Iterate is a verb meaning to say, do, or perform again. Iteration is a noun referring to an act or instance of iterating. It is synonymous with repetition, but iterations usually work toward a perfect form of something. In these sentences, for instance, iteration implies repetition:

The annual event, now in its 135th iteration, includes more than 2,500 animals across 179 breeds. [Salon]

The company will also launch the fifth iteration of its popular iPhone as rivals from Motorola Mobility to Samsung Electronics apply pressure. [Reuters]

Iterations help establish the cadence of work. [Forbes]

As the word logically only applies to repetitions, the first version of something can’t be an iteration. The second iteration of something would be the third version, the third iteration the fourth version, and so on—but few writers bother with this minor logical point.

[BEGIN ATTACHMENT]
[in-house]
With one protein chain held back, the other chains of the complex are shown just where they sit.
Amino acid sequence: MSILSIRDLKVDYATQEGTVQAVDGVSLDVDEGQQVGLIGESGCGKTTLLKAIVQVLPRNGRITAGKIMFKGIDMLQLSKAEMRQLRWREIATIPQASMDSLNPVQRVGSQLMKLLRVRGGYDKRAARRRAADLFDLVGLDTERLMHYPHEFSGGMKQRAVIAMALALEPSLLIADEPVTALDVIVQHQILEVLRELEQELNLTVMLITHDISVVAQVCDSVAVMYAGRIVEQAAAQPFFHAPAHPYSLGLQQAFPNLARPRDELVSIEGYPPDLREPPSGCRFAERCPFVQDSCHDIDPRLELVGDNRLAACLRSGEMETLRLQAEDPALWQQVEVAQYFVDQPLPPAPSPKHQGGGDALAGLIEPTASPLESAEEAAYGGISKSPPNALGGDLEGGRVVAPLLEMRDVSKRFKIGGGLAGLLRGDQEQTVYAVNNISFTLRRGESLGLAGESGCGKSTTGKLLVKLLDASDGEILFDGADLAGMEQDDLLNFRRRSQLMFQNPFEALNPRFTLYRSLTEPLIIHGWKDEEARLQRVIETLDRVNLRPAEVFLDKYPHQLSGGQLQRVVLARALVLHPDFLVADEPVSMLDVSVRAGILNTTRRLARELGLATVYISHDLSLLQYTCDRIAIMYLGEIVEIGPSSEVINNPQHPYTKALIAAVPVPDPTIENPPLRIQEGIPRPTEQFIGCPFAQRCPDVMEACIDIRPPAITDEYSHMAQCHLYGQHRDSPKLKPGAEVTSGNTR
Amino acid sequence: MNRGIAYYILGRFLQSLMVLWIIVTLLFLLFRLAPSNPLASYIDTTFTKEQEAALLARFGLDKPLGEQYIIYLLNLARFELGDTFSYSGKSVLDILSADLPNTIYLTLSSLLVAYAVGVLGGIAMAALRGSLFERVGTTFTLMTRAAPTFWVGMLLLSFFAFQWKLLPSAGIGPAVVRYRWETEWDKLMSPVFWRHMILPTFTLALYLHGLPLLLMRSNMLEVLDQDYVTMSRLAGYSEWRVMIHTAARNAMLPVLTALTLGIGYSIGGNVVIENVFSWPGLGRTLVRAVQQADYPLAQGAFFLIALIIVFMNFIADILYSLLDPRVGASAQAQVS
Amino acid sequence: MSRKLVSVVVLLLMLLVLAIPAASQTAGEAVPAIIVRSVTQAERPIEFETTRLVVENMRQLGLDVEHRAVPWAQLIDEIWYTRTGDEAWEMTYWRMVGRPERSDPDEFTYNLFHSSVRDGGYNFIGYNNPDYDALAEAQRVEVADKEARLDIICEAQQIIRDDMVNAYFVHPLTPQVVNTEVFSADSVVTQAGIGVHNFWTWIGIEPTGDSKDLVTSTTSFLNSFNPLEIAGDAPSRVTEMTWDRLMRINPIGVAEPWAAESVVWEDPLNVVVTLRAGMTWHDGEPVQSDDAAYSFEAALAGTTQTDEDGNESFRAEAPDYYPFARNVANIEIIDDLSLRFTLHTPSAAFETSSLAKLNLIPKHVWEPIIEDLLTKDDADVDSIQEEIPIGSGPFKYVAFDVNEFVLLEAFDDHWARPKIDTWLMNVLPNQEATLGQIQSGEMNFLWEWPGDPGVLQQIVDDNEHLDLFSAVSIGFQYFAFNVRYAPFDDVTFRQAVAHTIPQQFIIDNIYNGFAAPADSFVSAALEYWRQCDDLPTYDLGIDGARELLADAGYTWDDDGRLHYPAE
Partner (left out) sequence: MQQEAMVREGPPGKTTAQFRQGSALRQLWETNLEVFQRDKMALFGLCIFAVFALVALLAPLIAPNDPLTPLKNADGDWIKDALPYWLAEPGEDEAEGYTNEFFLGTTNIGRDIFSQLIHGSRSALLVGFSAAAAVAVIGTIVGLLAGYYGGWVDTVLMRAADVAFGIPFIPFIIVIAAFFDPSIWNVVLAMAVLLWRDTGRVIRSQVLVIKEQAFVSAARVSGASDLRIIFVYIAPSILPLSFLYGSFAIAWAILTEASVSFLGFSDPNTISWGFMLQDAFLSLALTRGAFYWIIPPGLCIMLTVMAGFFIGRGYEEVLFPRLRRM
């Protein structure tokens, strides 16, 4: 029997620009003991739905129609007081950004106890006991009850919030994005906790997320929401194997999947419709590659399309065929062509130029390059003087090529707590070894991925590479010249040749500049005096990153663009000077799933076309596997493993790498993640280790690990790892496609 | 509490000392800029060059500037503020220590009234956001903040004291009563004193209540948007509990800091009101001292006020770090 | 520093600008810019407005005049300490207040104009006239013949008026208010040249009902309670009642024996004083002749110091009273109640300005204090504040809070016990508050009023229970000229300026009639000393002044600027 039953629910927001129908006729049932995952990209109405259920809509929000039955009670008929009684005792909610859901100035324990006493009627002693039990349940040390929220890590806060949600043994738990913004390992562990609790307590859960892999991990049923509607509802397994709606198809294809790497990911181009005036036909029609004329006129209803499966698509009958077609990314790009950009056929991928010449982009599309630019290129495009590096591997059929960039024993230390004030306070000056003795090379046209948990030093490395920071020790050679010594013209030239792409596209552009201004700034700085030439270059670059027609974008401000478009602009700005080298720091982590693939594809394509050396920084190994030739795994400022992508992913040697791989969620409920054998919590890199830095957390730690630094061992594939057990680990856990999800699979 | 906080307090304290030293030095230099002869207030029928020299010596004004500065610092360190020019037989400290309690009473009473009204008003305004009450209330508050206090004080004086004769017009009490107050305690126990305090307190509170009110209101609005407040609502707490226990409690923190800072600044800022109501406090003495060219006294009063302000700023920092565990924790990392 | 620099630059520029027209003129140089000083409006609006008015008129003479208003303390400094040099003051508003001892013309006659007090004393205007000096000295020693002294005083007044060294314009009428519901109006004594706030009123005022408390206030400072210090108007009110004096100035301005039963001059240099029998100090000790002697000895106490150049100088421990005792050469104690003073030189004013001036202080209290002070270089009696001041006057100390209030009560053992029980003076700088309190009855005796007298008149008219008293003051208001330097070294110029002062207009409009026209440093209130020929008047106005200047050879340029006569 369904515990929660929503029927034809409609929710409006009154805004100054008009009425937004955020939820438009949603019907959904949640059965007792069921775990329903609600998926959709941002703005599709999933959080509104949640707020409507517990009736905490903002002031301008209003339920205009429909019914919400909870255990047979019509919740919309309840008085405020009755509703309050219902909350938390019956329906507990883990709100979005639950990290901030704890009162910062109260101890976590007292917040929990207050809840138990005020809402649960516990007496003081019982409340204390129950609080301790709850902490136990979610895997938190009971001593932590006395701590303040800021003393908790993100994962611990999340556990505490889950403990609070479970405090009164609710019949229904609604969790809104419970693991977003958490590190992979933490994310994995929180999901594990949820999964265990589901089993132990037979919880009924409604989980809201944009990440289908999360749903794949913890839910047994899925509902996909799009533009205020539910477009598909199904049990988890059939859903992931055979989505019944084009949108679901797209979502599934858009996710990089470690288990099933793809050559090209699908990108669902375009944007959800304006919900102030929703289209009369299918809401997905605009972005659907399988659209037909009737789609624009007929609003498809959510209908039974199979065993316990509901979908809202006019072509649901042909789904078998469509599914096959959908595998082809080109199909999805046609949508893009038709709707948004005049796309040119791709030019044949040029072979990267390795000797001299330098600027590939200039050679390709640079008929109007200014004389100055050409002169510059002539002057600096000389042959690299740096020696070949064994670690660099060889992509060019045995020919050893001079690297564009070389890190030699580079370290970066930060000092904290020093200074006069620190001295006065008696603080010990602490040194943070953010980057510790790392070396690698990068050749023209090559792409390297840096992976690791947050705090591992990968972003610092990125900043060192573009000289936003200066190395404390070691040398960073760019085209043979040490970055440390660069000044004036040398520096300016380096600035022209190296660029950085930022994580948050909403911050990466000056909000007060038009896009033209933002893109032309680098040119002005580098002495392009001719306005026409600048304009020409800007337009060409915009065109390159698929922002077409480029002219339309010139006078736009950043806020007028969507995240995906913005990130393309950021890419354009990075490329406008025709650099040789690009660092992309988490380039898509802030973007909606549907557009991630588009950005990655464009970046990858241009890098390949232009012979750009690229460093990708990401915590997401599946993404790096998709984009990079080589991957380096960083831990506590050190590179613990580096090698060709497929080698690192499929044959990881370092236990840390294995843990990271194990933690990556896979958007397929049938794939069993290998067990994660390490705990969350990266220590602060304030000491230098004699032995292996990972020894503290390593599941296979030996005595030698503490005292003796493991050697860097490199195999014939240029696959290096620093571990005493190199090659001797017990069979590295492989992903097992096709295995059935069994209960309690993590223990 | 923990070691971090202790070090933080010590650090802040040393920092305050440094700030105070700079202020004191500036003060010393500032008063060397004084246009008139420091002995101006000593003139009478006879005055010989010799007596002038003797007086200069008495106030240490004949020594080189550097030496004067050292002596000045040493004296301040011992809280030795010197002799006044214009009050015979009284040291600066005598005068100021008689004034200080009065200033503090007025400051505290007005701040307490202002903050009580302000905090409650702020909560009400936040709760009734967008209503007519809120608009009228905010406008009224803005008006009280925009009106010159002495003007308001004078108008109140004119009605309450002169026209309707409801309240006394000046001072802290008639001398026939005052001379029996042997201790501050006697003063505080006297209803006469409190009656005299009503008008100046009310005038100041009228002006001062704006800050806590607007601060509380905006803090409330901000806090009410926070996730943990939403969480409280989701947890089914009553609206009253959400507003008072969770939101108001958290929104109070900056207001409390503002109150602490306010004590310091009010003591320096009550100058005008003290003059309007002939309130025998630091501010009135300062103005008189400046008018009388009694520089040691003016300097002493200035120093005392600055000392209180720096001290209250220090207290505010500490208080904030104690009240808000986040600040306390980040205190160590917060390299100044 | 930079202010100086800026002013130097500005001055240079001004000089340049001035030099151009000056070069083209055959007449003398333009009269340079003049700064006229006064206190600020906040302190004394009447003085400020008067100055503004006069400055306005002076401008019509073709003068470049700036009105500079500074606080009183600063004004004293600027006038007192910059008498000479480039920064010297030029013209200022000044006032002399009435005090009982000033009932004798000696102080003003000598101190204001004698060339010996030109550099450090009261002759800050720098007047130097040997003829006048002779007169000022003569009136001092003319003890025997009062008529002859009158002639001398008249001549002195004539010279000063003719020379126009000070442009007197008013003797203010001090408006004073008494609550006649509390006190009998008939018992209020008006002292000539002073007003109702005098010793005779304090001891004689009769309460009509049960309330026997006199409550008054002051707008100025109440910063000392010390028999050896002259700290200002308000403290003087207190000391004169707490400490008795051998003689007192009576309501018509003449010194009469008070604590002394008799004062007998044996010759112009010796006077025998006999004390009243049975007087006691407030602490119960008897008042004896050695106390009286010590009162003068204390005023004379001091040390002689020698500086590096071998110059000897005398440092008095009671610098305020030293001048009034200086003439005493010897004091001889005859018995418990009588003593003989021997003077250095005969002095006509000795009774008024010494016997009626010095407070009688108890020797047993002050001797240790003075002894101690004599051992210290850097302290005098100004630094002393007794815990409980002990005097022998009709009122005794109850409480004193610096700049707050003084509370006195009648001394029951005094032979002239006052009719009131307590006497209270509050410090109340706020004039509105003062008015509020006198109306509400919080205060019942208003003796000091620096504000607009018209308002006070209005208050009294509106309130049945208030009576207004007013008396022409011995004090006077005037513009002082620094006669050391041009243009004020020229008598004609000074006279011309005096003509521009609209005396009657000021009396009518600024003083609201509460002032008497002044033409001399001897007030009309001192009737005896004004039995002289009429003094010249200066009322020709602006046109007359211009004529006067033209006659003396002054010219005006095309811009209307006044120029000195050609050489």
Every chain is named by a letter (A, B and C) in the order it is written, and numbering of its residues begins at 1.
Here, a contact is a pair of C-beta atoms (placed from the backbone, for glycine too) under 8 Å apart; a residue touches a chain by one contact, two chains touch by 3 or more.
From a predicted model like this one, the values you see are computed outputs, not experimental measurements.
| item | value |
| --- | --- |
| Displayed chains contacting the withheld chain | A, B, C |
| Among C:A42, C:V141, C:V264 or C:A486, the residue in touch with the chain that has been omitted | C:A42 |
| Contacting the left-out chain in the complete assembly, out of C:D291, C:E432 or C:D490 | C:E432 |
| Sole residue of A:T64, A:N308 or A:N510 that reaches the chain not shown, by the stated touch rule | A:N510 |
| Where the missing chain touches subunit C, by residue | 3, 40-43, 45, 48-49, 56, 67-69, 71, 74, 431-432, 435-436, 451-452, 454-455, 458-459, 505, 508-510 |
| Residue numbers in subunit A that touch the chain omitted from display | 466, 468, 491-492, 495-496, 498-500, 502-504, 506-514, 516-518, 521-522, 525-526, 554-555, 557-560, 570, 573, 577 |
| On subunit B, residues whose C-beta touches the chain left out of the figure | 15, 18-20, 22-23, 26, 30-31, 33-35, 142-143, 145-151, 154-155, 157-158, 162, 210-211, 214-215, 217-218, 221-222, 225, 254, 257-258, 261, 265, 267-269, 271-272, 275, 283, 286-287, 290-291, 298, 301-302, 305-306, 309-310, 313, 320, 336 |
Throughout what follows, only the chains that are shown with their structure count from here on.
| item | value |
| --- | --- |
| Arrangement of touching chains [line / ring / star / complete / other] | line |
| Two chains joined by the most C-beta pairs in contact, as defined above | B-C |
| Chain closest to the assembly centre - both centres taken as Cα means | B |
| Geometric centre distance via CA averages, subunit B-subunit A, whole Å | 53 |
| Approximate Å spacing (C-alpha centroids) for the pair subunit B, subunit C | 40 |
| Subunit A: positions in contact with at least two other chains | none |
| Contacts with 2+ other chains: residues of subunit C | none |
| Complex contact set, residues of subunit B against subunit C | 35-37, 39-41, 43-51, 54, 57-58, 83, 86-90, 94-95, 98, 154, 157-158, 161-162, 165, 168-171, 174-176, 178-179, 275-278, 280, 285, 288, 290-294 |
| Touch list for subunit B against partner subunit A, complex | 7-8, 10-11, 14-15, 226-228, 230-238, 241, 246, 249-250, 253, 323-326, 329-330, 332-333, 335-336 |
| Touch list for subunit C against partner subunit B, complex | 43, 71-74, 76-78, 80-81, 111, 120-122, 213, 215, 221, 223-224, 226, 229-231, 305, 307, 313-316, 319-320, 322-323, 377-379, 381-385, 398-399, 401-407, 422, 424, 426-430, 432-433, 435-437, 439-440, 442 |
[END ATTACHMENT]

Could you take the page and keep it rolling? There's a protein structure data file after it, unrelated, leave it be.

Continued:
2 thoughts on “Iteration”

  1. Wikipedia has a great definition for iteration: “. . . the act of repeating a process with the aim of approaching a desired goal, target or result.” I.e. there is purpose to iteration, but not necessarily to repetition.

  2. As noted above, the first instance is not an iteration; the first iteration is the second instance. In the same way, two repeats of a film indicate that it has been shown at least three times. It is similar in the case of ‘choice’. If you have two possibilities, you have a choice. Not two choices, one – ‘choice’ is not a synonym for ‘option’. ‘Two choices’, often mistakenly used, would have to mean two occasions when you choose between two or more options.


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